- Open Access
Role of estrogen receptors and Src signaling in mechanisms of bone metastasis by estrogen receptor positive breast cancers
Journal of Translational Medicine volume 15, Article number: 97 (2017)
Evidence shows that Luminal A breast cancer is likely to undergo bone metastasis, but the mechanisms involved remain unknown. This study’s aim was to demonstrate a correlation between estrogen receptor (ER) positivity and bone metastasis as the clinically preferred site of metastasis, as well as investigating the role of ERα-Src signaling in MCF-7 cells using Snail over-expression as an in vivo bone metastasis model.
Clinically, the records of breast cancer with distant metastasis were retrospectively reviewed to correlate breast cancer subtypes and preferential metastatic sites. An in vivo bone metastasis model was created by injection of MCF-7 cells with/without Snail over-expression into the tibia of nude mice. The human MCF-7 cells that over-expressed (o/e) Snail were examined and the expression of epithelial–mesenchymal transitions (EMT) markers, ER-Src signaling proteins and p190 RhoGAP analyzed by Western blotting and real-time PCR. The role of ERα was elucidated using ESR1 silence by transfecting shRNA (∆ESR1) into MCF-7 o/e Snail cells in vitro and in vivo.
The clinical results showed that ER ≥1% breast cancers showed a positive correlation with bone metastasis, which was found to be the preferred site of metastasis. An in vivo bone metastasis was successfully established using injection of MCF-7 o/e Snail cells into the tibia of nude mice, but no such metastasis was found using control MCF-7 cells. The proteins expressed in MCF-7 o/e Snail cells showed an EMT pattern, while those of the MCF-7 o/e Snail metastatic tissue showed a mesenchymal–epithelial pattern. There was an increase in cytosolic Src, p190 RhoGAP and nuclear ERα proteins, but not in Snail, in MCF-7 o/e Snail tissue compared to the same cell line in vitro. ESR1 knock down decreased Src and p190 RhoGAP expression in vitro and also decreased the incidence of bone metastasis in vivo.
We conclude that ER-Src signaling plays an important role in ER (+) breast cancer, which shows a high potential for bone metastasis.
Breast cancer is the most common invasive female cancer worldwide and this is also true for Taiwan [1, 2]. Rapid advances made using genomic approaches, molecular analysis using immunohistochemistry, measurement of proliferative capacity, and gene expression profiles have allowed the further categorization of breast cancers into four types; these are the luminal A, luminal B, HER2 and basal-like subtypes [3,4,5,6]. Biological subtyping not only helps to provides feasible treatment strategies that correlate well with clinical outcome, but also helps to predicts whether the primary tumor has a preferential distant metastasis site .
The epithelial–mesenchymal transition (EMT), which is characterized by a loss of cell–cell adhesion, epithelial polarity, and the gain of mesenchymal properties, such as migration and invasiveness, is mechanism well known to be involved in tumor metastasis and invasion [8, 9]. Among many EMT regulators, which include Slug, ZEB, E47, Snail and TWIST1, over-expression of the latter two correlates well with tumor recurrence and a poor prognosis for breast cancer [10,11,12,13]. Recently, breast cancer subtypes have been identified as having a propensity to give rise to their first distant metastases at certain preferred body sites. For examples, luminal A breast cancers have a tendency to give rise first to bone metastases, while basal type cancers metastasize to liver and brain and HER2-enriched cancers give rise to liver and lung metastases . Moreover, a recent investigation has suggested that mutational activation of ESR1 plays an important role in acquired endocrine resistance during breast cancer therapy . However, the role of the estrogen receptor (ER) in the preferential metastasizing of Luminal A breast cancer to bone remains unexplored.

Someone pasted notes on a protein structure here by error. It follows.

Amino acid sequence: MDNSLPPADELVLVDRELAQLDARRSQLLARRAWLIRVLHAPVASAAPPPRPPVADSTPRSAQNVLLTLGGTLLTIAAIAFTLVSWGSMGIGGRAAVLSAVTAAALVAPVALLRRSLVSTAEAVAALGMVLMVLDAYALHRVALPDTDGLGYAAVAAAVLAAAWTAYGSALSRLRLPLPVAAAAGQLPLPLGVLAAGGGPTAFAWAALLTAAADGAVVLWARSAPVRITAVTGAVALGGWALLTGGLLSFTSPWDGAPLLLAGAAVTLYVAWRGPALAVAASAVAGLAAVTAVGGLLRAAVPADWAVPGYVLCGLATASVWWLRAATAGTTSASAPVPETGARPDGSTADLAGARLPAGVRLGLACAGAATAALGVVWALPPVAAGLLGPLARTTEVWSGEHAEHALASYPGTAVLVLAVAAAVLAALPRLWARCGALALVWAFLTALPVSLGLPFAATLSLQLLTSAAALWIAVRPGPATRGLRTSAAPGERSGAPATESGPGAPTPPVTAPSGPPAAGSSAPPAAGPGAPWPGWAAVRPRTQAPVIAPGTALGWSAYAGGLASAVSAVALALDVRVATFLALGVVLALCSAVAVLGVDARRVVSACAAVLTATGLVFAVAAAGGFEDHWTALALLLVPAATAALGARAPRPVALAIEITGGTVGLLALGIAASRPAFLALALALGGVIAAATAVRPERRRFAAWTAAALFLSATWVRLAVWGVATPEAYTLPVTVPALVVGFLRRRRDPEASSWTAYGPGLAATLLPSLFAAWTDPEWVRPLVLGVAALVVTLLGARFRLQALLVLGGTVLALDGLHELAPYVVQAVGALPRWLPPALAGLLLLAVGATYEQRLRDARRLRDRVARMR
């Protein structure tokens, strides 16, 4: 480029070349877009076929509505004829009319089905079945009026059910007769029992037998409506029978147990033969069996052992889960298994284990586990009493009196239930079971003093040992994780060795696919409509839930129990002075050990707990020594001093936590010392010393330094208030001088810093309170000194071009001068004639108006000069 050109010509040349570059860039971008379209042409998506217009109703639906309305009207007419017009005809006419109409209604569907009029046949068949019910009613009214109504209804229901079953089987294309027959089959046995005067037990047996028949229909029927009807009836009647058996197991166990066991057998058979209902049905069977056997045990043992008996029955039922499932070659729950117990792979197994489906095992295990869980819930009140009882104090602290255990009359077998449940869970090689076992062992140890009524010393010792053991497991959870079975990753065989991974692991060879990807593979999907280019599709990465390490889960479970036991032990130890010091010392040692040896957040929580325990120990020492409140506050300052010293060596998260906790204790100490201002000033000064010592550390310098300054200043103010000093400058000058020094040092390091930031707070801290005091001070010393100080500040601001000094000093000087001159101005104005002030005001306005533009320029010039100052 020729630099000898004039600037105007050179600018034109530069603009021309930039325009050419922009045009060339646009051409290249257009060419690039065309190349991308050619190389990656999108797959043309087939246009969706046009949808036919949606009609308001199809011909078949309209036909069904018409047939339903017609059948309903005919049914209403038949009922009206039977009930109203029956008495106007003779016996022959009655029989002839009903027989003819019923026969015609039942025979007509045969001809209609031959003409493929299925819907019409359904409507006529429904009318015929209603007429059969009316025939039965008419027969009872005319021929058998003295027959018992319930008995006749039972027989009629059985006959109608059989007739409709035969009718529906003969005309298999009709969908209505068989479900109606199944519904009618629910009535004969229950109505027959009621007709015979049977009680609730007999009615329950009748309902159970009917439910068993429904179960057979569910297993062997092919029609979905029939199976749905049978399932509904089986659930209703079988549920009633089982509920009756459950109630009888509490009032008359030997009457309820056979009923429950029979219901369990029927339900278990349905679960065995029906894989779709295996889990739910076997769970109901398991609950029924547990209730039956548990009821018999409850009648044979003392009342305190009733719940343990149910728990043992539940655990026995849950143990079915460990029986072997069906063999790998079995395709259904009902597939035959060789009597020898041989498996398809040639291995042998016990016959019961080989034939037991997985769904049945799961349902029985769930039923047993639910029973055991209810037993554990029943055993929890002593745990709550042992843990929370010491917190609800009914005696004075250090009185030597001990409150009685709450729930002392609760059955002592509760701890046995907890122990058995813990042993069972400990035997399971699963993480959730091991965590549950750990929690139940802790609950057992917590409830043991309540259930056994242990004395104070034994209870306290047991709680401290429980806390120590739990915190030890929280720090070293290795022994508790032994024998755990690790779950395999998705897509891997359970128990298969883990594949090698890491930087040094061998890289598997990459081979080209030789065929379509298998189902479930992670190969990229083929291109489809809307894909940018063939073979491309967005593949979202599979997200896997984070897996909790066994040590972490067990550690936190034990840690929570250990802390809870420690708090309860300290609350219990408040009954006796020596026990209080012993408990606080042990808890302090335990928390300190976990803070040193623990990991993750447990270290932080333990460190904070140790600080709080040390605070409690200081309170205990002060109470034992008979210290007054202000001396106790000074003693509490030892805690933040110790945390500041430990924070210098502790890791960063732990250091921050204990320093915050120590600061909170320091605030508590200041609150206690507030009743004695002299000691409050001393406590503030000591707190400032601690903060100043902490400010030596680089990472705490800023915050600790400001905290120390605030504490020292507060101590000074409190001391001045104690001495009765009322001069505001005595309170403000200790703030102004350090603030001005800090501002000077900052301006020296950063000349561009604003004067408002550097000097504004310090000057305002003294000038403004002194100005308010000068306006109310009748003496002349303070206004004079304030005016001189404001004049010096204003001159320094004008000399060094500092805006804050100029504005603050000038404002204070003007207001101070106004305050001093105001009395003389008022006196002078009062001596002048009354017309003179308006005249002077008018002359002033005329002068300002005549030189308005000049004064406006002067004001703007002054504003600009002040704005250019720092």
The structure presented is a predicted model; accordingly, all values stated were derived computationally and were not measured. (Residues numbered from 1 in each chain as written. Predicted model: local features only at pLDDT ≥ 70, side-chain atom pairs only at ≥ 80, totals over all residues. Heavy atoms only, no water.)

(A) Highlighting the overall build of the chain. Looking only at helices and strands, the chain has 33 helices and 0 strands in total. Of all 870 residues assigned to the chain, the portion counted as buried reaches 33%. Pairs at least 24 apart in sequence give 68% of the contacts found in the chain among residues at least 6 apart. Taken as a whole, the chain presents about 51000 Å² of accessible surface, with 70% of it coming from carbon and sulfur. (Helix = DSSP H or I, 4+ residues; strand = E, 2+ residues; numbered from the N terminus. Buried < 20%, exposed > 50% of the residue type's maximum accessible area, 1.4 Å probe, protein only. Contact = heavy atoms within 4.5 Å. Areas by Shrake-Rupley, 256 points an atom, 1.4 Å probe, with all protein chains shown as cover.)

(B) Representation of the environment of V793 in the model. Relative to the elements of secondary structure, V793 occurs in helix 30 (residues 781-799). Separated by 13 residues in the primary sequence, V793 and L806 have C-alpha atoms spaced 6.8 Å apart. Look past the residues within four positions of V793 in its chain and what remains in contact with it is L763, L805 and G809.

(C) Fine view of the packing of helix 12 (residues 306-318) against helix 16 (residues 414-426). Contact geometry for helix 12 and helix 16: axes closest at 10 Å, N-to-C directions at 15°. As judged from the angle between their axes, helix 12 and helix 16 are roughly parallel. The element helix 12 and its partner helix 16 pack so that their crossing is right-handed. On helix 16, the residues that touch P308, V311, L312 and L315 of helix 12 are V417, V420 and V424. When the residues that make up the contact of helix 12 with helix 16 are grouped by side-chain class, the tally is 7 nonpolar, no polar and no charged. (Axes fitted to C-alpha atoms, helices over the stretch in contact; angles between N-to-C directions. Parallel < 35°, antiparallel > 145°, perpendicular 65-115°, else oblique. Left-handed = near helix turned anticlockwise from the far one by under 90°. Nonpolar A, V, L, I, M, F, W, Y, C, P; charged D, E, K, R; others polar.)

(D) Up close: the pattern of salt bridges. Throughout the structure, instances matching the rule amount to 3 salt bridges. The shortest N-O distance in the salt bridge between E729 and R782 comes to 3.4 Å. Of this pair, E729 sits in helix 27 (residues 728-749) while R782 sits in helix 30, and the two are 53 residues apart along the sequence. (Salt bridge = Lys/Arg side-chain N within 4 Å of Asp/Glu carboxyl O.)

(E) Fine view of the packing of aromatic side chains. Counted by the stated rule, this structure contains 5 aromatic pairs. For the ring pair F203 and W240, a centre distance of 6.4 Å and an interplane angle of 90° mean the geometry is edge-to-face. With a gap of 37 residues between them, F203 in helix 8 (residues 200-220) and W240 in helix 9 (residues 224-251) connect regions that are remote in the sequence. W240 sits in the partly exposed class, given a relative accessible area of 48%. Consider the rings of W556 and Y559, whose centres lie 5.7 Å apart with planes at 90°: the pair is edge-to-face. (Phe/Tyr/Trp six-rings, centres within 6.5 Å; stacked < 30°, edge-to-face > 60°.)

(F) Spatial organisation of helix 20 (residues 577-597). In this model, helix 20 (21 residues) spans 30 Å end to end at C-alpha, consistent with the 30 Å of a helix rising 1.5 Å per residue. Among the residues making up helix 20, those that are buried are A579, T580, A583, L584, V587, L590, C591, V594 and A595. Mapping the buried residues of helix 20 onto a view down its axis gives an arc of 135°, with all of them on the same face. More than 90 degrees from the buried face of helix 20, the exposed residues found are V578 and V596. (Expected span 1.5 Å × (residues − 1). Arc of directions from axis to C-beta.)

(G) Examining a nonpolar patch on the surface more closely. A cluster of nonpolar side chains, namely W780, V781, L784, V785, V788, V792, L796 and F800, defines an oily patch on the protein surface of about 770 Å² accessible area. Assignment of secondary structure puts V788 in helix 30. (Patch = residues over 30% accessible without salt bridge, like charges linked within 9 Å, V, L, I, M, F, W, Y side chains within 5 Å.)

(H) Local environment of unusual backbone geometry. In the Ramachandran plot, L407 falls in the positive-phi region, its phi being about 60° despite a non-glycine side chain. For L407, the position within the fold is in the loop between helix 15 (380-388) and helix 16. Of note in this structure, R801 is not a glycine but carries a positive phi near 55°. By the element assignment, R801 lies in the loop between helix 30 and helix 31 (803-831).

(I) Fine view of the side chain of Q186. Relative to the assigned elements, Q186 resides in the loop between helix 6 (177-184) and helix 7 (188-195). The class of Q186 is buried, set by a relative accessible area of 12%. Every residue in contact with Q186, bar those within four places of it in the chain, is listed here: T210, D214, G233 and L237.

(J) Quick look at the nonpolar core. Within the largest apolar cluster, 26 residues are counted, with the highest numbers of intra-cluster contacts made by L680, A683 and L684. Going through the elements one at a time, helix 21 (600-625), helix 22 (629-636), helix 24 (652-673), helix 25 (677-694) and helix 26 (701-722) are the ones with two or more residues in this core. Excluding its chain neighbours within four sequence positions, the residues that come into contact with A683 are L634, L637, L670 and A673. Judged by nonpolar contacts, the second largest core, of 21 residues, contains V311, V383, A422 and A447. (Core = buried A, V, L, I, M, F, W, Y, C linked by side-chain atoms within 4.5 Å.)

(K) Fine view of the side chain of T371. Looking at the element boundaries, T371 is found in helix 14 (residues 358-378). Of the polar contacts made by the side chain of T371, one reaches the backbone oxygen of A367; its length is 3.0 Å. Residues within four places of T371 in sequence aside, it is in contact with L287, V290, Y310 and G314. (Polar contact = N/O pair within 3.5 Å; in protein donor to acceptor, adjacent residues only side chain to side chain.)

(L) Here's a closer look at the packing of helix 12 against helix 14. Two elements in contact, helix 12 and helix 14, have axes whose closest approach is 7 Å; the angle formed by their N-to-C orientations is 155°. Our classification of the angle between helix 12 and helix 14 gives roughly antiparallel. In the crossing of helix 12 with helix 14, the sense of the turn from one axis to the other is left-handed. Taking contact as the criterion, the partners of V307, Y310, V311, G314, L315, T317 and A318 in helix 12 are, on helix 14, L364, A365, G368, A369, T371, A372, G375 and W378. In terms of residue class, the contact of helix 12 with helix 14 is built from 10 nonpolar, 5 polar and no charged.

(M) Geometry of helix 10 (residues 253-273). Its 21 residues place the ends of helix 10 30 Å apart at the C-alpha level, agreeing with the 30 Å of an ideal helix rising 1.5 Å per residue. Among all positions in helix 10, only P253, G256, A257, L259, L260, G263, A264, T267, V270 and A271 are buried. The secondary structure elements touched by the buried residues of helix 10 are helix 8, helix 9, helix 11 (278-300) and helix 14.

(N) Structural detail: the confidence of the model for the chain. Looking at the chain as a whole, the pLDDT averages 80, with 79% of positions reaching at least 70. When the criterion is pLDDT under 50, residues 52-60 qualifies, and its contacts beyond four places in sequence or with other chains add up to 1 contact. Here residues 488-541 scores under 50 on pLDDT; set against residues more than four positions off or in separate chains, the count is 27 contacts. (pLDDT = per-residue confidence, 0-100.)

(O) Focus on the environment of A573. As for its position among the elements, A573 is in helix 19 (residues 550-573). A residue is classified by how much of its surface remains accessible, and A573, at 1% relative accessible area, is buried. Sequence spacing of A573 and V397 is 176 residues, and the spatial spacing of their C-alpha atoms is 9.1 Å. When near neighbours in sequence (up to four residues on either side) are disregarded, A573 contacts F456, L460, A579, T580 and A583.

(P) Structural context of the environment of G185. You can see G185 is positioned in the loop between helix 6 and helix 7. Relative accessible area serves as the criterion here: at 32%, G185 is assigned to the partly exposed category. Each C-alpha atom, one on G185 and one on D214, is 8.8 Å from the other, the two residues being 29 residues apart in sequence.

The Src family is a group of nonreceptor tyrosine kinases. Accumulating evidence has suggested that Src plays an important role in bone resorption and osteoclast activation, which seems to lead to the preferential bone metastasis of prostate cancer and the occurrence of late-onset bone metastasis in breast cancer [15, 16]. Recent clinical studies have been carried out to evaluate the efficacy of Src inhibitors in the treatment of solid tumors and breast cancer with bone metastasis [17, 18]. Nevertheless, the role of ER-Src signaling during Snail over-expression bone metastasis remains to be elucidated.
RhoGTPases and GTPase activating proteins (GAPs) contain a highly conserved GTPase activating domain that targets small GTPases; these latter proteins regulate intracellular cytoskeletal (actomyosin and microtubules) dynamics via their down-stream Rho kinase . Among the many RhoGAPs, p190RhoGAP (p190) is a protein that has critical phosphorylation and protein interaction motifs in its middle domain . A previous study has shown that p190 plays an important role in regulating cytoskeleton dynamics via inactivation of Rho signaling . In addition, Src phosphorylates p190 at tyrosine 1105 (Y1105) allows enhancement of p190’s RhoGAP activity and Rho inactivation . However, information on the relationship between the ER-Src-p190 RhoGAP axis and bone metastasis of breast cancer is not available.